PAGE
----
INDIANAPOLIS -- The morning after suffering one of the most gruesome injuries in televised sports history, Louisville Cardinals sophomore guard Kevin Ware was moving around on crutches in his Indianapolis hospital room.

Ware had successful surgery on his fractured tibia Monday; barring any setbacks, Louisville head coach Rick Pitino said, they expect him to come home from the hospital on Tuesday.

The team brought the Midwest Regional trophy to Ware's bedside Sunday night as he recovered from the broken right leg suffered in the first half of Louisville's 85-63 win over Duke.

Louisville senior associate athletic director for media relations Kenny Klein tweeted the following photos Monday morning.

In a conference call Monday, Pitino said Ware was excited that he brought the Midwest regional trophy to the hospital. Pitino asked Ware if he should bring it back (to the team).

"It's staying with me," Ware told him.

Meanwhile, Ware's mother, Lisa Junior and his step-dad rushed from their Conyers, GA home to be with Kevin on Monday.

She described how helpless she felt watching his injury on TV.

"As a mom, we're use to fixing everything for our kids, and the fact that I couldn't fix, let alone be there, was more of the issue with me. I was just devastated because I couldn't look at him or speak to him right then and there to see if he was okay," she said.

Back in Conyers, Georgia Kevin's sisters, 24-year-old Brittney and 18-year-old Khadijah Ware, told 11 Alive News they were watching the game together and didn't realize what had happened until they saw the gruesome replay.

"We just panicked and started crying and called my Mom and Dad," Brittney said.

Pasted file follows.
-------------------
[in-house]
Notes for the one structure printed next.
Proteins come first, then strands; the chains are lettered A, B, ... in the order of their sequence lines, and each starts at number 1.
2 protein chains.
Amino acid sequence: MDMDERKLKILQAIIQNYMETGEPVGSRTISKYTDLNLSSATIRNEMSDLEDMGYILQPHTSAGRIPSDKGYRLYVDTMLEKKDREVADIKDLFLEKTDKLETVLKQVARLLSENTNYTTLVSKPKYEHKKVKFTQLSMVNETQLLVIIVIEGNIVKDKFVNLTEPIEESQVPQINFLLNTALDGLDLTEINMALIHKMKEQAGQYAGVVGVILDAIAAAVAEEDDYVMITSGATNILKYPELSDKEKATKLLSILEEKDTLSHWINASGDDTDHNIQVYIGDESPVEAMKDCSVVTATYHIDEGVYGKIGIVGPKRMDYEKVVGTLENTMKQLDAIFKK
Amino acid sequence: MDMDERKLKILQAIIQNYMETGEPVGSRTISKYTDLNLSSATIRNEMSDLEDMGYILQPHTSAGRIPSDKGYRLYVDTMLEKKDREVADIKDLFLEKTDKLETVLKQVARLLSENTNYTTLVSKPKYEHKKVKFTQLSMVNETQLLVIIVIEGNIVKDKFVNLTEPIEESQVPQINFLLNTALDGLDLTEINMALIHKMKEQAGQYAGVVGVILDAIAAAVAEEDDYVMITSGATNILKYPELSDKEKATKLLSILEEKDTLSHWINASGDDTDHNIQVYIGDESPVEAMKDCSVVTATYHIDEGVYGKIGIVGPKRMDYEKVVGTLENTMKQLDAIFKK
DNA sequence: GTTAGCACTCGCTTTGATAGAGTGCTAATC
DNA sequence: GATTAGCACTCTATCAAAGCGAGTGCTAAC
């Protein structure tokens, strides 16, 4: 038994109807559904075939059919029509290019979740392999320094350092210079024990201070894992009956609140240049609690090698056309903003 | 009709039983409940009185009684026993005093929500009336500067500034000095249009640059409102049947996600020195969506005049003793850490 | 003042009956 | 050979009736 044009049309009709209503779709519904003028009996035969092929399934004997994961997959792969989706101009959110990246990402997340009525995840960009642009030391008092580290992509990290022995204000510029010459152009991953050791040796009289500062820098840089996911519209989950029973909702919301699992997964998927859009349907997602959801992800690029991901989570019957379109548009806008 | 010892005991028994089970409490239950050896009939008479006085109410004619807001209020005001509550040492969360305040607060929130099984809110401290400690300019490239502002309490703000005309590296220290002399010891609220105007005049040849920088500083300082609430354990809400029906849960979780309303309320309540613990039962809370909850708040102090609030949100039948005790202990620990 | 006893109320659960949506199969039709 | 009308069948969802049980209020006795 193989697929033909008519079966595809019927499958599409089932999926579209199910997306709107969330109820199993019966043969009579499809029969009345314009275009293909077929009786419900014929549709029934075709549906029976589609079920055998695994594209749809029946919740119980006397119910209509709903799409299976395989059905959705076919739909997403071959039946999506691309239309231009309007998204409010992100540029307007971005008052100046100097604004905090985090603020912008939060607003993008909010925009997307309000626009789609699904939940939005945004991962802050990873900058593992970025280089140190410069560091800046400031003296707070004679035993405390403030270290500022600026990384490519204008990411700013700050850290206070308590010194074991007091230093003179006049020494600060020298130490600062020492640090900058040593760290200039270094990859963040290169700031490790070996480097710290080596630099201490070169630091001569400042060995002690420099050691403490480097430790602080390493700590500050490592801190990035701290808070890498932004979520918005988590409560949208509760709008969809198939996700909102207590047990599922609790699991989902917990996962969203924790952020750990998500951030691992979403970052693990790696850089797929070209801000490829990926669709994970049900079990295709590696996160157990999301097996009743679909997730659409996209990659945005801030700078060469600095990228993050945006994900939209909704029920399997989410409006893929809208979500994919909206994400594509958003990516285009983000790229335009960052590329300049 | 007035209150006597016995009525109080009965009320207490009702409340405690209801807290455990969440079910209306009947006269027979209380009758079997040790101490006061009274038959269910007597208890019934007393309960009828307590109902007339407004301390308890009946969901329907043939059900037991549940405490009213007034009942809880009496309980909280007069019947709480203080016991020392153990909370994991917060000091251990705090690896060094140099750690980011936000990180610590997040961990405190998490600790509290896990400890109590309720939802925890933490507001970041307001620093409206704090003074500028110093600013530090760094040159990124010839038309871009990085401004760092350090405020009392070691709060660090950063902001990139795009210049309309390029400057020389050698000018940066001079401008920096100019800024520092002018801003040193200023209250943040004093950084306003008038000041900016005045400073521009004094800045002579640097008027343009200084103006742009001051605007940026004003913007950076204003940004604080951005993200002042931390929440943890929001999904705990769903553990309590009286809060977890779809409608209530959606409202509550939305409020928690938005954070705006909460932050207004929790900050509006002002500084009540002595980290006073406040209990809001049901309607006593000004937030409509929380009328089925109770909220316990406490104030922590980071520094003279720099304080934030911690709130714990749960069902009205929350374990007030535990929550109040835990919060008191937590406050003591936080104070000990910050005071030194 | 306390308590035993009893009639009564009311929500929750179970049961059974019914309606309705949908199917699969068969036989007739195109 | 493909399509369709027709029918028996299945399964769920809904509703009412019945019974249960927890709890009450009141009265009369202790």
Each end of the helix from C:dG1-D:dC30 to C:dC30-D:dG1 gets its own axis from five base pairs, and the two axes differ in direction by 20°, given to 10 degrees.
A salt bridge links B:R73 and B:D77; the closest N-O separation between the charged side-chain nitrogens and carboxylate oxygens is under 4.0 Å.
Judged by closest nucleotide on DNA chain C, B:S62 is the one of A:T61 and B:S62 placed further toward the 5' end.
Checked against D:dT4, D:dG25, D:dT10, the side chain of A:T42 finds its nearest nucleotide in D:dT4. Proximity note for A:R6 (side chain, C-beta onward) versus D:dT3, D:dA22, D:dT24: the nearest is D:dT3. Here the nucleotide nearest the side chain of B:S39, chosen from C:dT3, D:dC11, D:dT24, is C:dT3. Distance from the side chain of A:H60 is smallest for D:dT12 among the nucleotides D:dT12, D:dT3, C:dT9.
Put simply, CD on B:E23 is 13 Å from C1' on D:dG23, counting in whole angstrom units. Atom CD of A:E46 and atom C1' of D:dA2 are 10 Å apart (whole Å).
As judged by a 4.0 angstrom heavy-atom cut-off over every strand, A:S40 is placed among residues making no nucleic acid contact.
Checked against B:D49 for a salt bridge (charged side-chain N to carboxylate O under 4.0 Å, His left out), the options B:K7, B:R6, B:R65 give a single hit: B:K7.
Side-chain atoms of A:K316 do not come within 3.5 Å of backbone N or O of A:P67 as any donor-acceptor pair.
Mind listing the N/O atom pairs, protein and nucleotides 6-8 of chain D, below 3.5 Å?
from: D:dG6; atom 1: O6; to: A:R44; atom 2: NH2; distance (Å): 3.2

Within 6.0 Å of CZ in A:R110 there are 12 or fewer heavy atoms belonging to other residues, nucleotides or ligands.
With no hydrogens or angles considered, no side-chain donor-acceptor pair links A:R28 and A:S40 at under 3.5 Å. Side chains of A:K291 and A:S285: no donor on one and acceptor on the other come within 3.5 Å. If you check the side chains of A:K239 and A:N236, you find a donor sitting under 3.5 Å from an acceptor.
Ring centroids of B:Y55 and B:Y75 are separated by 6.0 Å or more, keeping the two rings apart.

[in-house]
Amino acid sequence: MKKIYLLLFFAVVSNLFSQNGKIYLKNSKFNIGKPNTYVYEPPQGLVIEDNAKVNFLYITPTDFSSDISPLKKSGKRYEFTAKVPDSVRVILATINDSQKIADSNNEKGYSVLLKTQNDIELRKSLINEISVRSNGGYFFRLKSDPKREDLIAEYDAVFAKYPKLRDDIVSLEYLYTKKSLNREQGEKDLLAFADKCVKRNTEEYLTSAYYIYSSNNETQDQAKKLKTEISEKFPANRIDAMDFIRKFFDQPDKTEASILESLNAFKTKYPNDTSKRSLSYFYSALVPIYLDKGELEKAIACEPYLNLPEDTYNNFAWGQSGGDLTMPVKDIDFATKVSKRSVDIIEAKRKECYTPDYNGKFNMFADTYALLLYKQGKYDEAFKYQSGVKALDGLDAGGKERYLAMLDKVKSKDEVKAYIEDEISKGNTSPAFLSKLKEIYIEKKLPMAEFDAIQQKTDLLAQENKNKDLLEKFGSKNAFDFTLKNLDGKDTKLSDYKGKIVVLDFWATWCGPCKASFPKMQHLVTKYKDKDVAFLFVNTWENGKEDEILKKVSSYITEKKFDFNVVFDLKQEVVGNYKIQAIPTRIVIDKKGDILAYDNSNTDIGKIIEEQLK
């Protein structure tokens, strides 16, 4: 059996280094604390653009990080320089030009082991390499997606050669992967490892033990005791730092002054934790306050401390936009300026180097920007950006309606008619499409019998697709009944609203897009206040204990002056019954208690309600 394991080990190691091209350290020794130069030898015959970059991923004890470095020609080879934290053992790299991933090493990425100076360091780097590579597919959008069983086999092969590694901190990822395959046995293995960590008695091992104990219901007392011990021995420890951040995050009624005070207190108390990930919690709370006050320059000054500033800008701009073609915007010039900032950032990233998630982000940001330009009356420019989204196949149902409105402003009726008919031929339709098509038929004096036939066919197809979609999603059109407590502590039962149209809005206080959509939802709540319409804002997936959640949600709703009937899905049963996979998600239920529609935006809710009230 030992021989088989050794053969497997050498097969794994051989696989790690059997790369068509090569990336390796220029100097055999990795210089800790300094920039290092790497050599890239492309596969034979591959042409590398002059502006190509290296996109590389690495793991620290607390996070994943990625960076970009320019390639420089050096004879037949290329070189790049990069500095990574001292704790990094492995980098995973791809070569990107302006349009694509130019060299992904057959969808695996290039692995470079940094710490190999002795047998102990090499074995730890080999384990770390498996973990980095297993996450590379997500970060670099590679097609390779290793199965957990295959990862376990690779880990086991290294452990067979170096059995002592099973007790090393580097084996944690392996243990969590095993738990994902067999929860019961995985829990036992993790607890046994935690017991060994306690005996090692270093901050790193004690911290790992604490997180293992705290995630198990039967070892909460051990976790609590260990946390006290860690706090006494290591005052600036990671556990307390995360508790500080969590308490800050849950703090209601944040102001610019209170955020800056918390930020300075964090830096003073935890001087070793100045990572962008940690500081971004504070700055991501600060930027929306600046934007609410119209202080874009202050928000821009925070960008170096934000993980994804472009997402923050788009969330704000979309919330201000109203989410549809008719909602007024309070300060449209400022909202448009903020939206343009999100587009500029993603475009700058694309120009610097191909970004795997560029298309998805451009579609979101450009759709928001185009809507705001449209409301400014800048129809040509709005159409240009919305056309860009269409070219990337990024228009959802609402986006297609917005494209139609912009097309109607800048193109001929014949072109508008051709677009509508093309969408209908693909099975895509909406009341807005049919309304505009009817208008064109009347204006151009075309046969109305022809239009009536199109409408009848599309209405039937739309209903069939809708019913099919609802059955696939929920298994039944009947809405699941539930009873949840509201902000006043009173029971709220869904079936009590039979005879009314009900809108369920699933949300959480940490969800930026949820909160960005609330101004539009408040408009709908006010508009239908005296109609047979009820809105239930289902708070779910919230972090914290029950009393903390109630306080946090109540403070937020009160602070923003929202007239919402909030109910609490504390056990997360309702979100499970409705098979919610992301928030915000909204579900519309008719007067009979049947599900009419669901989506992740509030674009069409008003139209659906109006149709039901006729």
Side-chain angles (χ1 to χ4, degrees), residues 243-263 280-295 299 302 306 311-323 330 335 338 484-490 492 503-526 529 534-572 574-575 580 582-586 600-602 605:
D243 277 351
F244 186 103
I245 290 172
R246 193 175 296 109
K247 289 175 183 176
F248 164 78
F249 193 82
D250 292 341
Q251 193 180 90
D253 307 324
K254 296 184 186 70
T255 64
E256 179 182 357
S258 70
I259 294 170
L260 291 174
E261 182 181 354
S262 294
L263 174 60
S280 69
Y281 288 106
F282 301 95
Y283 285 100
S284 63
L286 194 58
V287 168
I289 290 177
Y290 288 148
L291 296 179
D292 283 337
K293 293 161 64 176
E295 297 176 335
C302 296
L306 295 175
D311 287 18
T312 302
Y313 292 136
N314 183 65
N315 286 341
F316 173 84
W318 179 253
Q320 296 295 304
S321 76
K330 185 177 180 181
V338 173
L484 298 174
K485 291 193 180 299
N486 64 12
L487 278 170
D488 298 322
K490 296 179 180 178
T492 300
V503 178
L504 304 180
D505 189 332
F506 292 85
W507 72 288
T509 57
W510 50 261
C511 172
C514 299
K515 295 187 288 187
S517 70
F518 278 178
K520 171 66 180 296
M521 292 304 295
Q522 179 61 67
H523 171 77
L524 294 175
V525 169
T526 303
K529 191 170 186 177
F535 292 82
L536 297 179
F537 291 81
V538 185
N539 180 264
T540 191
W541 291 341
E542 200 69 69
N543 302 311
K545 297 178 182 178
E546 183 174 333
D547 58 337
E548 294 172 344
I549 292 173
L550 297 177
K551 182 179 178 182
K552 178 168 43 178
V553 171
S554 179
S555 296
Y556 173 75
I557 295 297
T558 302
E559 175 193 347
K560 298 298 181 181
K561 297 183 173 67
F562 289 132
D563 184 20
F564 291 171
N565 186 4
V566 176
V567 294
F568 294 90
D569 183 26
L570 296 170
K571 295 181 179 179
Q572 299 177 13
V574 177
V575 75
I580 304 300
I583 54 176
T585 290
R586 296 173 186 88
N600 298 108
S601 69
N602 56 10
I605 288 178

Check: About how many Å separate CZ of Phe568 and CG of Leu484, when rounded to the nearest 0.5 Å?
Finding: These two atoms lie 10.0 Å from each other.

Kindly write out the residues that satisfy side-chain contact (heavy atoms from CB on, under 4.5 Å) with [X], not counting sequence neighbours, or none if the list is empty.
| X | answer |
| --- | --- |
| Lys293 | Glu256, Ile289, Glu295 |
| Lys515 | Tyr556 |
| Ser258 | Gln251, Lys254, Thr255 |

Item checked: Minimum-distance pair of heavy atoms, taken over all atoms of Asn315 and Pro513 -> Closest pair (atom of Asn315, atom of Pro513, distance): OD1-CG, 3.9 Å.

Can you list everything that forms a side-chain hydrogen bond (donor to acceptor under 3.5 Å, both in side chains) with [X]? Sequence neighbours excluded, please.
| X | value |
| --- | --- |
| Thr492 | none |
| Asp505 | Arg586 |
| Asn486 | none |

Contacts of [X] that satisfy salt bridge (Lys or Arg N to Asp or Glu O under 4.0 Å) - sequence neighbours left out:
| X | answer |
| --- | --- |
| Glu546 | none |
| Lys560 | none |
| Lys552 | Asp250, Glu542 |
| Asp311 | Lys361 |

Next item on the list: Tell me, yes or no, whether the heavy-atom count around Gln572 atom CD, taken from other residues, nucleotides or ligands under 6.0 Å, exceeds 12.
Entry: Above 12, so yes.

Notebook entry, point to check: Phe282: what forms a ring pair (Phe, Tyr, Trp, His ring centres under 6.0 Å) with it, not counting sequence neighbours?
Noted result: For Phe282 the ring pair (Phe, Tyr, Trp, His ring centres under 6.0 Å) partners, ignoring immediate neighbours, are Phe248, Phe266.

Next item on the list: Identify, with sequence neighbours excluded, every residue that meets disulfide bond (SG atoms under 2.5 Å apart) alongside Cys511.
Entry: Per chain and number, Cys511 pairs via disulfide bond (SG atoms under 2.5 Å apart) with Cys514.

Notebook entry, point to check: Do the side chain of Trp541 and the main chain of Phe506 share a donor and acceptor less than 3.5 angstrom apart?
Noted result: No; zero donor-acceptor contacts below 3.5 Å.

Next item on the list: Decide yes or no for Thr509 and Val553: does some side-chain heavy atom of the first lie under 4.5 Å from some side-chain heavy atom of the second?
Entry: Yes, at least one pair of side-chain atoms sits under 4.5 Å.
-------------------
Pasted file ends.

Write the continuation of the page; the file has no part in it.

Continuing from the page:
While their parents flew to be with their brother in Indianapolis, the sisters said their brother comforted them over the phone.

"He just said he was gonna do good and he'll be alright, so stop worrying about him," Brittney added.

Jerrid Harris, Athletic Director at Rockdale County High School in Conyers told 11 Alive he also saw the horrible accident on TV.

"Our stomach just sank because you don't want that to happen to anybody, but especially someone you know and someone as wonderful a person as Kevin is," Harris said.

BothHarris and the family believe the young player will manage to recover and play again.

"He has an incredible will power; there is no quit in that kid," Harris said.

His sistershave beenoverwhelmed by the support Kevin is getting from all over the country.

"It's awesome, all of this love that he's getting and the recognition, 'cause he's been a great basketball player for years," sister Brittney told 11 Alive.

"They'll see him when he comes back, going even harder," she added.

(with help from USA Today)

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